It was a beautiful summer day; I was about 6 years old and playing with my little brother in a second floor room of our suburban Boston house. We were horsing around near the windows when I distinctly remember my mom yelling to my brother, “Nate, don’t lean on the screen…” Well, as you might have guessed, the screen was not very sturdy and without warning my brother plummeted out the second story window. Thank God, there was a fichus tree directly beneath the window that broke his fall and he bounced up laughing and smiling as if to suggest, “Can I do that again?”
Nearly one-eighth of the six hundred and thirteen mitzvot (commandments) are found in this week’s Torah portion, Ki Tetse; seventy-two according to Maimonides.
Included in this portion are prohibitions against the mixing of cotton and wool and laws relating to making and keeping vows. We also find the commandment to wear tassels, later interpreted as tzitzit, on our four cornered garments. We also find laws related to skin afflictions, corporal punishment and feeding the hungry. Although the laws in this week’s portion truly run the gambit, the majority of the laws are concerned with moral values and the creation of a just society.
However, there is one law in this week’s portion that overshadows all the rest in my mind. Maybe it’s because of that fateful summer day with my brother or perhaps because of the powerful message of communal responsibility that we derive from it.
“When you build a new house, you shall make a parapet for your roof, so that you do not bring bloodguilt on your house if anyone should fall from it.” (Deuteronomy 22:8) It’s a simple principle–a flat roof, where family and friends might hang out and barbecue, is an inherently dangerous place. We should anticipate that danger and build a railing so no one falls.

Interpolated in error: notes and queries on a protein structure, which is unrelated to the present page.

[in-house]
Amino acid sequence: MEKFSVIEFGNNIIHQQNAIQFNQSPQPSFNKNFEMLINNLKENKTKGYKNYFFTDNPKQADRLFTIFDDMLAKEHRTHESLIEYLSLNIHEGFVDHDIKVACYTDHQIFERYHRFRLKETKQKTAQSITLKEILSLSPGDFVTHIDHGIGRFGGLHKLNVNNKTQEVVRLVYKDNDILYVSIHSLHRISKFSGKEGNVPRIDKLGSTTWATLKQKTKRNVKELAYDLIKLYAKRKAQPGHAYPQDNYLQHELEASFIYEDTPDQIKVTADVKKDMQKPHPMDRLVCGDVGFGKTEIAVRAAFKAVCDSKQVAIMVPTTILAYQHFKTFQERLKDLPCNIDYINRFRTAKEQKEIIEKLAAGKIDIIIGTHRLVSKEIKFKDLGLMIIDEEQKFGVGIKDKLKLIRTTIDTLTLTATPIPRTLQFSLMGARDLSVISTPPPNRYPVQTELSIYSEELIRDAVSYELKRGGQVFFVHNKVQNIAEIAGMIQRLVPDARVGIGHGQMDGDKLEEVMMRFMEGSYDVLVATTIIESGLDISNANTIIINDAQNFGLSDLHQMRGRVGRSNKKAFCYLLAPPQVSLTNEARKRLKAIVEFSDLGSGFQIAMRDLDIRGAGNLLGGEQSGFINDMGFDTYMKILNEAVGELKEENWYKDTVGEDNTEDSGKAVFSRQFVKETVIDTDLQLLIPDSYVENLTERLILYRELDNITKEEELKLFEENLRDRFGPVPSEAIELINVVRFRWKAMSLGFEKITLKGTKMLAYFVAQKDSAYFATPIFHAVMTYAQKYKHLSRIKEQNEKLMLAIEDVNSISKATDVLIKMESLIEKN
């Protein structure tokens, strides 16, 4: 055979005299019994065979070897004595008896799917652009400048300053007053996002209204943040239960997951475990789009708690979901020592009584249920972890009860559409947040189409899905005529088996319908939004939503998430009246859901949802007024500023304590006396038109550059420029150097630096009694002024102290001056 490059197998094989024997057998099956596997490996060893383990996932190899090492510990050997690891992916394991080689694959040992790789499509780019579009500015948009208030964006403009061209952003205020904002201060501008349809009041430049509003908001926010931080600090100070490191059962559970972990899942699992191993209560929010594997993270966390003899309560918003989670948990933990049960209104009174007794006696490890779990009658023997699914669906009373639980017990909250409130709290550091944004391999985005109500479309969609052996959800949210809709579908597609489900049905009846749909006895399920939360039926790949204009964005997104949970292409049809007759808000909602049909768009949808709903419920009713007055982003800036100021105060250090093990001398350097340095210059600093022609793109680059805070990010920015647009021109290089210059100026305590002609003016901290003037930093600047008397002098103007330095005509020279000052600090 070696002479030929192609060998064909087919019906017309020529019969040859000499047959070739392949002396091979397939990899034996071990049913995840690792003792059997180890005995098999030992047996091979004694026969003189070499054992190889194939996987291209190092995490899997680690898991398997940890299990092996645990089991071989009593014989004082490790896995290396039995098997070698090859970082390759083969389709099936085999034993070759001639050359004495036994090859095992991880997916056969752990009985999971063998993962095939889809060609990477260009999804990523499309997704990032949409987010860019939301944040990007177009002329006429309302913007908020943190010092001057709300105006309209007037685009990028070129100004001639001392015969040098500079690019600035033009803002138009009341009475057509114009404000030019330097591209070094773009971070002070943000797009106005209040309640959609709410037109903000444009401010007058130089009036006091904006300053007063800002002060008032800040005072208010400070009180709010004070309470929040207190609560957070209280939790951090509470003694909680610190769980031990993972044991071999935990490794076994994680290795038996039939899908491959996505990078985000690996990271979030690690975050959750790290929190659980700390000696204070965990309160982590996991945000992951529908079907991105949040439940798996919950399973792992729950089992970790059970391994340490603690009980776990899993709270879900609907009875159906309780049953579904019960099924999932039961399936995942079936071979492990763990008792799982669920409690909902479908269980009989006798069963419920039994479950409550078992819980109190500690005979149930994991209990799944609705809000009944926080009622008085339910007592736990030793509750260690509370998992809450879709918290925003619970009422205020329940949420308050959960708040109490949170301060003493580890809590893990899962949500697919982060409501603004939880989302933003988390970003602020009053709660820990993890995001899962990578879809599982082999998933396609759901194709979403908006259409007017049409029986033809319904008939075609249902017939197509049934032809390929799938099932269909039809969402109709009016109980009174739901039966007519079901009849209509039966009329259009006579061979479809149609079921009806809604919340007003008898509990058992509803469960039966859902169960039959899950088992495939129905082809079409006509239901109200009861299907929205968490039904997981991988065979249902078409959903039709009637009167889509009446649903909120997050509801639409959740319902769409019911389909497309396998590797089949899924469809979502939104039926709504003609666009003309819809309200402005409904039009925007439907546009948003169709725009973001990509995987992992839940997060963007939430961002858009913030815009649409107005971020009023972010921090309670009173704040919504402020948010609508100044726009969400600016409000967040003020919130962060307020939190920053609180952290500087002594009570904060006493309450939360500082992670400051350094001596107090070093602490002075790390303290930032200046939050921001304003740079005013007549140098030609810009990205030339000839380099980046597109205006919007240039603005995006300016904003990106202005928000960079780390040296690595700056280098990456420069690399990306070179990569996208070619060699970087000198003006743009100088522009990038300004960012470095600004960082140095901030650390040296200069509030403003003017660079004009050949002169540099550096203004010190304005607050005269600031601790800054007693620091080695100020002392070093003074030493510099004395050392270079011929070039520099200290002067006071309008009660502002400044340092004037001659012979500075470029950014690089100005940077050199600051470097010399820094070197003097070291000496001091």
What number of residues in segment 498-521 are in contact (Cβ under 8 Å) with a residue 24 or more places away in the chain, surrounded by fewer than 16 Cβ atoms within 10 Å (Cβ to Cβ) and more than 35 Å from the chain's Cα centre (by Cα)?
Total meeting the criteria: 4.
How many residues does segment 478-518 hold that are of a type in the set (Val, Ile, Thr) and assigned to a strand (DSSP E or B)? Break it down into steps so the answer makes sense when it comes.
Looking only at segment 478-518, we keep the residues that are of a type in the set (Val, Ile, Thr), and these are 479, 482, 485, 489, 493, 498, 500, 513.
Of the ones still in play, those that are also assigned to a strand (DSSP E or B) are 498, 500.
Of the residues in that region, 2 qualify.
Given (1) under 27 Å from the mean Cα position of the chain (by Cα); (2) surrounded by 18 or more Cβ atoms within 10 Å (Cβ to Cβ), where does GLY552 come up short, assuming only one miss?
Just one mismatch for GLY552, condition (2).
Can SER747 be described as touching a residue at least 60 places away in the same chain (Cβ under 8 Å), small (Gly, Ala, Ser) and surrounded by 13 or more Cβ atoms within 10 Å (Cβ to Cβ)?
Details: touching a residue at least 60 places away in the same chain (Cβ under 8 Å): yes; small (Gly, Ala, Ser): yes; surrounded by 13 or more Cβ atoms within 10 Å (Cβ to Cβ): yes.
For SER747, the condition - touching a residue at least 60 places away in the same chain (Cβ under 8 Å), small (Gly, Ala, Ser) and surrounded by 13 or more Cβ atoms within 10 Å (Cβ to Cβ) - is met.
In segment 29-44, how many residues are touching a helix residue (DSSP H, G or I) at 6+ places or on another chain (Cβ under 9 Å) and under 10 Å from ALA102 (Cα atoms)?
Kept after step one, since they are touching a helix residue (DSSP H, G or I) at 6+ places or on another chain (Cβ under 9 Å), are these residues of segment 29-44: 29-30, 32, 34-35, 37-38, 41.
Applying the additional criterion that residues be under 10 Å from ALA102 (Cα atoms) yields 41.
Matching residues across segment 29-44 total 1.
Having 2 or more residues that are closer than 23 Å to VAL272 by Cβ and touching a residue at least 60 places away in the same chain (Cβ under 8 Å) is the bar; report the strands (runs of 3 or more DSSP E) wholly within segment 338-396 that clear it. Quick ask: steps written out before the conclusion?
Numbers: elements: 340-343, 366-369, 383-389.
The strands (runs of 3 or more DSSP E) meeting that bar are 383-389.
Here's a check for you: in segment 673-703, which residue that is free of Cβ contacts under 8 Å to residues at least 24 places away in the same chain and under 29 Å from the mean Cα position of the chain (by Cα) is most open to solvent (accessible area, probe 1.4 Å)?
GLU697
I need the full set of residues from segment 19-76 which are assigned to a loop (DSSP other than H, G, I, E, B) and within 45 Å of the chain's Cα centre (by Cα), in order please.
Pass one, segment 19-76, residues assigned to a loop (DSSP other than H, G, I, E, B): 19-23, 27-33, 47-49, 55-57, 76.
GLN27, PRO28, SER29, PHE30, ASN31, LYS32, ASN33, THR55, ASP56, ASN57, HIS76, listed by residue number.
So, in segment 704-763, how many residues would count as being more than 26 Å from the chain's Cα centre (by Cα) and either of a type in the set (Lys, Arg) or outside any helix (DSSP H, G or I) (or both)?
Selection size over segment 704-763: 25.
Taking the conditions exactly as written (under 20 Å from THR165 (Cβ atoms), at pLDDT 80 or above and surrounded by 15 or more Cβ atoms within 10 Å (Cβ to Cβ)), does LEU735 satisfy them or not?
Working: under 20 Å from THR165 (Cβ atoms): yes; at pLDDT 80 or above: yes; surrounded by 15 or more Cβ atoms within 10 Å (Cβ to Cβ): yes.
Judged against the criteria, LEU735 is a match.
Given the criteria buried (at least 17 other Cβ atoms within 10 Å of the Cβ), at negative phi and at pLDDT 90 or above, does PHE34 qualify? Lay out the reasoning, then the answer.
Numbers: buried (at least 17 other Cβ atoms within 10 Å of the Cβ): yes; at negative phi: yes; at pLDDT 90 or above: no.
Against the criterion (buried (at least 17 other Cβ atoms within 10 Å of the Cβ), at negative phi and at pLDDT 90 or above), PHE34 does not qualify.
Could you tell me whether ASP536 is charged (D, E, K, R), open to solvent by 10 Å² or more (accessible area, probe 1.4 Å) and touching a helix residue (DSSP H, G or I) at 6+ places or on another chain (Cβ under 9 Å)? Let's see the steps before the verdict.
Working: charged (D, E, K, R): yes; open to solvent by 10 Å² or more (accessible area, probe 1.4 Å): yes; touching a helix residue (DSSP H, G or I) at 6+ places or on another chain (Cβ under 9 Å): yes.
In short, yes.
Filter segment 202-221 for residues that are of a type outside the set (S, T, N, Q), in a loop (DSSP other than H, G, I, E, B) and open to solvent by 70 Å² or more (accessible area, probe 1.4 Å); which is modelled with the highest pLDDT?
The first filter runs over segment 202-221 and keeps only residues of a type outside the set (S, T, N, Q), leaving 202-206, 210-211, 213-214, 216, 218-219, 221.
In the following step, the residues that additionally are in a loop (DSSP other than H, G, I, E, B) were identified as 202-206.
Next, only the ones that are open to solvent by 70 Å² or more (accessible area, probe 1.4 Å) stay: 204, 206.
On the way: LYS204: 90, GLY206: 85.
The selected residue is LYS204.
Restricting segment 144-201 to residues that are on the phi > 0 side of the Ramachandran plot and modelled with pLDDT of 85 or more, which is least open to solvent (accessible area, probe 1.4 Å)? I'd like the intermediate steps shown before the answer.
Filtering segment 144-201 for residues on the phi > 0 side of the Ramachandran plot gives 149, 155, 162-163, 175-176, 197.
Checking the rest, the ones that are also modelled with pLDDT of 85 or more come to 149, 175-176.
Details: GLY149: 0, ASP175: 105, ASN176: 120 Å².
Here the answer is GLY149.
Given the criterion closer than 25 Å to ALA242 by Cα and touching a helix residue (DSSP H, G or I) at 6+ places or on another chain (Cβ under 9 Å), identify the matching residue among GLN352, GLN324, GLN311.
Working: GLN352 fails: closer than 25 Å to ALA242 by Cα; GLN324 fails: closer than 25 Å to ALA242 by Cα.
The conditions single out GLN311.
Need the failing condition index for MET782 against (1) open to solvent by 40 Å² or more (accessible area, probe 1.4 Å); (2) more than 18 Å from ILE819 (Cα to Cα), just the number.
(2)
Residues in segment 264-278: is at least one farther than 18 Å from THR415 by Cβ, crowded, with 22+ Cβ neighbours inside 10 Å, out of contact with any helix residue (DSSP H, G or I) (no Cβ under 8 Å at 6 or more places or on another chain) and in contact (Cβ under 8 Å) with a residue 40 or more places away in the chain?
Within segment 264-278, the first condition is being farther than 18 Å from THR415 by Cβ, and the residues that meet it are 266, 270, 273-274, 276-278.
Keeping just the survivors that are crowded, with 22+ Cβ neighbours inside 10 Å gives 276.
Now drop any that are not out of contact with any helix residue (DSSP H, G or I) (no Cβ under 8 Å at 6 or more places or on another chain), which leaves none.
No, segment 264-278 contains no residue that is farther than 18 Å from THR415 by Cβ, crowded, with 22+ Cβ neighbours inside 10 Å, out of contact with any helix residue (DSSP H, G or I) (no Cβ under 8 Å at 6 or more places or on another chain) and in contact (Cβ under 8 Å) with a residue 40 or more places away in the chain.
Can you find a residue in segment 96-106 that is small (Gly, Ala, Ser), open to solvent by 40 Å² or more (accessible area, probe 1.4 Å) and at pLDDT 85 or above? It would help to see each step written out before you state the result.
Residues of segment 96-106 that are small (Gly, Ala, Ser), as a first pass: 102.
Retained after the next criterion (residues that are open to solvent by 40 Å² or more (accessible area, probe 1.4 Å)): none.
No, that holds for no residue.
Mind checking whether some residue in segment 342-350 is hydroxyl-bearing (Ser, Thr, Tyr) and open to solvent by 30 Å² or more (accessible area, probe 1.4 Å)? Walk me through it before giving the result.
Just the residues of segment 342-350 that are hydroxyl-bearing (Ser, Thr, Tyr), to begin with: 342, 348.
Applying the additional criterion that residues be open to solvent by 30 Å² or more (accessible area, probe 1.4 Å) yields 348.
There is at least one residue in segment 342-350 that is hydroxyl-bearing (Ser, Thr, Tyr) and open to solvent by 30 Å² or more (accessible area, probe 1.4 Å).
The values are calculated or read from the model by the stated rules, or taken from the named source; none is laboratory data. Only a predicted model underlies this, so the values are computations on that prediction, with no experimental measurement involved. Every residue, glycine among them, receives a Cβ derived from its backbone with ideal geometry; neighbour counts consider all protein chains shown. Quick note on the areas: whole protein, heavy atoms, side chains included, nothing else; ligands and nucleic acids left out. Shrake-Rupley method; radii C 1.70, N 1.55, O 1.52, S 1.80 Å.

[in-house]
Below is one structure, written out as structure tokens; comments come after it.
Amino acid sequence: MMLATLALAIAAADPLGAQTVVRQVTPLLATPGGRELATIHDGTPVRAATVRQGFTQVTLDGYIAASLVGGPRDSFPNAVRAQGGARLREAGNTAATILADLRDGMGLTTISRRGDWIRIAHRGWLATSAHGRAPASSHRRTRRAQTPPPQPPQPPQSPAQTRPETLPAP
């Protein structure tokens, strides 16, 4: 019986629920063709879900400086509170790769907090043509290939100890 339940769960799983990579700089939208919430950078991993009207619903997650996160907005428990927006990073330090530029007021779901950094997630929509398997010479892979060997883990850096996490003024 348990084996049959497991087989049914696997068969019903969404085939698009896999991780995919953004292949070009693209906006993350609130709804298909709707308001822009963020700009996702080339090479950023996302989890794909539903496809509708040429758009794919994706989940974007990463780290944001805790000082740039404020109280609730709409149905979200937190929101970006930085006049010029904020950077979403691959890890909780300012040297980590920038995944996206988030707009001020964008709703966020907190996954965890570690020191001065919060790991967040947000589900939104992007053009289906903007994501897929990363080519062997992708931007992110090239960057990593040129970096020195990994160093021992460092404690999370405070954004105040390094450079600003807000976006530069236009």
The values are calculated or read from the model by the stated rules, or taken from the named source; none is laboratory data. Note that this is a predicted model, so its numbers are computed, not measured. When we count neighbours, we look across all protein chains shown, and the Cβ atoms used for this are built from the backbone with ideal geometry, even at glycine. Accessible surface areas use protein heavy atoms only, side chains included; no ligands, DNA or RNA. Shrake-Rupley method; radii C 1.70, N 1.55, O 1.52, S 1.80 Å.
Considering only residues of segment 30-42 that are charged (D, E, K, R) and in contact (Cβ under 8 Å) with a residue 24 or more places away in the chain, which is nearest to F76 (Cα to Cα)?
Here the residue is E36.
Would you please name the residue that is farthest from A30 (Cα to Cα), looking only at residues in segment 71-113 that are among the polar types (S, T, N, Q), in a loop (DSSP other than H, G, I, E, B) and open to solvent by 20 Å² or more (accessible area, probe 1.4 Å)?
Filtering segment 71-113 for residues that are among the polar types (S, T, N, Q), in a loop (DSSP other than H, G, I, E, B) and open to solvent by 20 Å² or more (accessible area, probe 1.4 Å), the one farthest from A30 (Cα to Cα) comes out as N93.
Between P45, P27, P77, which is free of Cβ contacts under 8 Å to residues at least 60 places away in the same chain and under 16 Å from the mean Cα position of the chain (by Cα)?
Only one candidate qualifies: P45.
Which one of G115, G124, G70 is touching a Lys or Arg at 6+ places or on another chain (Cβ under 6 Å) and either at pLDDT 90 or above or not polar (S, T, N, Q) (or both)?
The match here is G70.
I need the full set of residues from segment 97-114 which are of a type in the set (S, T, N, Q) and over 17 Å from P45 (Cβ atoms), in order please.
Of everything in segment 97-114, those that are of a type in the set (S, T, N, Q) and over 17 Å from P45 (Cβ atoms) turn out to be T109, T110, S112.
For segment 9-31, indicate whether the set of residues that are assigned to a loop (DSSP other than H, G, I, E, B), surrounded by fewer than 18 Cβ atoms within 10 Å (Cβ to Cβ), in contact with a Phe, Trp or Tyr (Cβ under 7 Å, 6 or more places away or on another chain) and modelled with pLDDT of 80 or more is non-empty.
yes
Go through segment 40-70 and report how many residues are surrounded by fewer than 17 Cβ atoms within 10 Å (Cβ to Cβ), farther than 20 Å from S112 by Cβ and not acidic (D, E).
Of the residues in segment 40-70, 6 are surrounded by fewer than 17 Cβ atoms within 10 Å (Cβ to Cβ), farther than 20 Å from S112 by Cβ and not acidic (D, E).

This parapet requirement provides a practical application of the more abstract principle of, “You shall not stand idly by the blood of your neighbor.” (Leviticus 19:16) Beyond demanding that we not perpetrate sins of commission against one another, the Torah now concretely prohibits a sin of omission. It’s not enough for us simply to refrain from pushing someone off of a roof, we must anticipate and proactively protect against that danger.
This past week, the School District of Philadelphia, along with the city and state government, had been playing a very dangerous game of chicken with lives of our students, threatening to not open schools if the proper funding was not found. Thankfully yesterday, City Council and Mayor Nutter pledged to Superintendent Hite that the school district would get the $50 million required to start school on time with minimal staff. However, the debate over where this money will come from along with the need for additional state funding dependent on union concessions still rages.
Yes, we have solved the immediate school crisis here in Philadelphia and schools will open this year. But the message of the parapet in this week’s Torah portion is meant to teach us that stop-gap solutions are merely band aids over the real problems. The Torah does not command us to make sure to help those that fall off our roofs; it commands us to be proactive and make sure that we do not get into this mess in the first place. We need a comprehensive plan in place to ensure that our schools are continually well funded.
The Education Law Center, an advocate for fair and equitable public education funding for nearly 40 years, recently released a report called, “Funding, Formulas, and Fairness: What Pennsylvania Can Learn From Other States’ Education Funding Formulas.” I will not go into too much detail on this report but am happy to share it with anyone interested. In this report, they note that Pennsylvania is one of only two states in the country that does not have a funding formula for public education. According to the Education Law Center: